2. A Schottky barrier type semiconductor device according to claim 1, further comprising an insulating layer formed on said polycrystalline silicon layer.
3. A Schottky barrier type semiconductor device according to claim 1, in which said semiconductor substrate is formed on an insulating substrate and said metal contact is formed at a side portion of said semiconductor substrate extending on said insulating substrate.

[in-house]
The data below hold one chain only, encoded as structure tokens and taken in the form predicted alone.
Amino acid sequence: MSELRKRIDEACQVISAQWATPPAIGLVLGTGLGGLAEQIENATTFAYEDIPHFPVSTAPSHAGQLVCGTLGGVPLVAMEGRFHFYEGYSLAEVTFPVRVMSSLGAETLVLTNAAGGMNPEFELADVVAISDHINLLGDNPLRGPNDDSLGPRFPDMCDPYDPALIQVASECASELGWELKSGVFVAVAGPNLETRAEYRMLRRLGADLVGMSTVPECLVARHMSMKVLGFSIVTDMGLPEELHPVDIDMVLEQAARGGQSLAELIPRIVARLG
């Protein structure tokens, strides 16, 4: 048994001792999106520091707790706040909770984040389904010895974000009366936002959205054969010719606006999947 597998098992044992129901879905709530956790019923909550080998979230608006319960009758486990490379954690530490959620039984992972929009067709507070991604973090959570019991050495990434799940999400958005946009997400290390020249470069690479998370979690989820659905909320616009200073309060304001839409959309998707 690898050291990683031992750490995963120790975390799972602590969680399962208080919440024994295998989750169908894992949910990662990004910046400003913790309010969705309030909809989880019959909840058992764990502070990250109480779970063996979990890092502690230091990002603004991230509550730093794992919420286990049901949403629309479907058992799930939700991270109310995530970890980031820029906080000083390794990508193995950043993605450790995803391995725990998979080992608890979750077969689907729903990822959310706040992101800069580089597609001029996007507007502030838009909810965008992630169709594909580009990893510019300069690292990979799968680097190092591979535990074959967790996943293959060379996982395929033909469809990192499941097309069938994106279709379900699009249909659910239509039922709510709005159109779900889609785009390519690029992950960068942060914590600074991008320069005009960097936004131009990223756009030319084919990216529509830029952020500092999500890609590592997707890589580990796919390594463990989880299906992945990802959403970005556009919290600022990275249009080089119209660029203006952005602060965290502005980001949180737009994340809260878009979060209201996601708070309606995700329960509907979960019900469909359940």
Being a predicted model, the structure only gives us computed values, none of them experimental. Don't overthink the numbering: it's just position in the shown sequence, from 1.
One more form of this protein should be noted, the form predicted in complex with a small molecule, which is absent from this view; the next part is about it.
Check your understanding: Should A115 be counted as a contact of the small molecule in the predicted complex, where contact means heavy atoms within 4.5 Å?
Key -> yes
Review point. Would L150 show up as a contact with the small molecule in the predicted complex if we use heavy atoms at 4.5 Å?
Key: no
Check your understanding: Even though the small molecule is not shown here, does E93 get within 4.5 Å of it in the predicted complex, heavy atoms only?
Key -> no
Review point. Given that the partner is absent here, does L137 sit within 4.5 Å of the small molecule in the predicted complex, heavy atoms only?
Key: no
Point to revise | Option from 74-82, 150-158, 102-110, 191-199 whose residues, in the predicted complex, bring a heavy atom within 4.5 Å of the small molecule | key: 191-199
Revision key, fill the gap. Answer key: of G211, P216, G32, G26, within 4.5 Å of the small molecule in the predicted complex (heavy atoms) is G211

4. A semiconductor device including a Schottky barrier therein comprising: an emitter region, a base region forming a first PN junction with said emitter region, a collector region forming a second PN junction with said base region, a metal contact forming a Schottky barrier with said collector region and also forming an ohmic contact with said base region; said contact contacting a part of said second PN junction, a polycrystalline silicon layer containing oxygen atoms in the range between 2 and 45 atomic percent; said polycrystalline silicon layer covering said substrate at least up to the corner where the peripheral portion of said metal contact abuts a surface of said base region, said collector region and a part of said second PN junction, thereby to stabilize these portions and to prevent said barrier from breakdown at said peripheral edge, an emitter electrode in contact with said emitter region, said metal electrode including a portion which serves as the base electrode, and a collector electrode in contact with said collector region.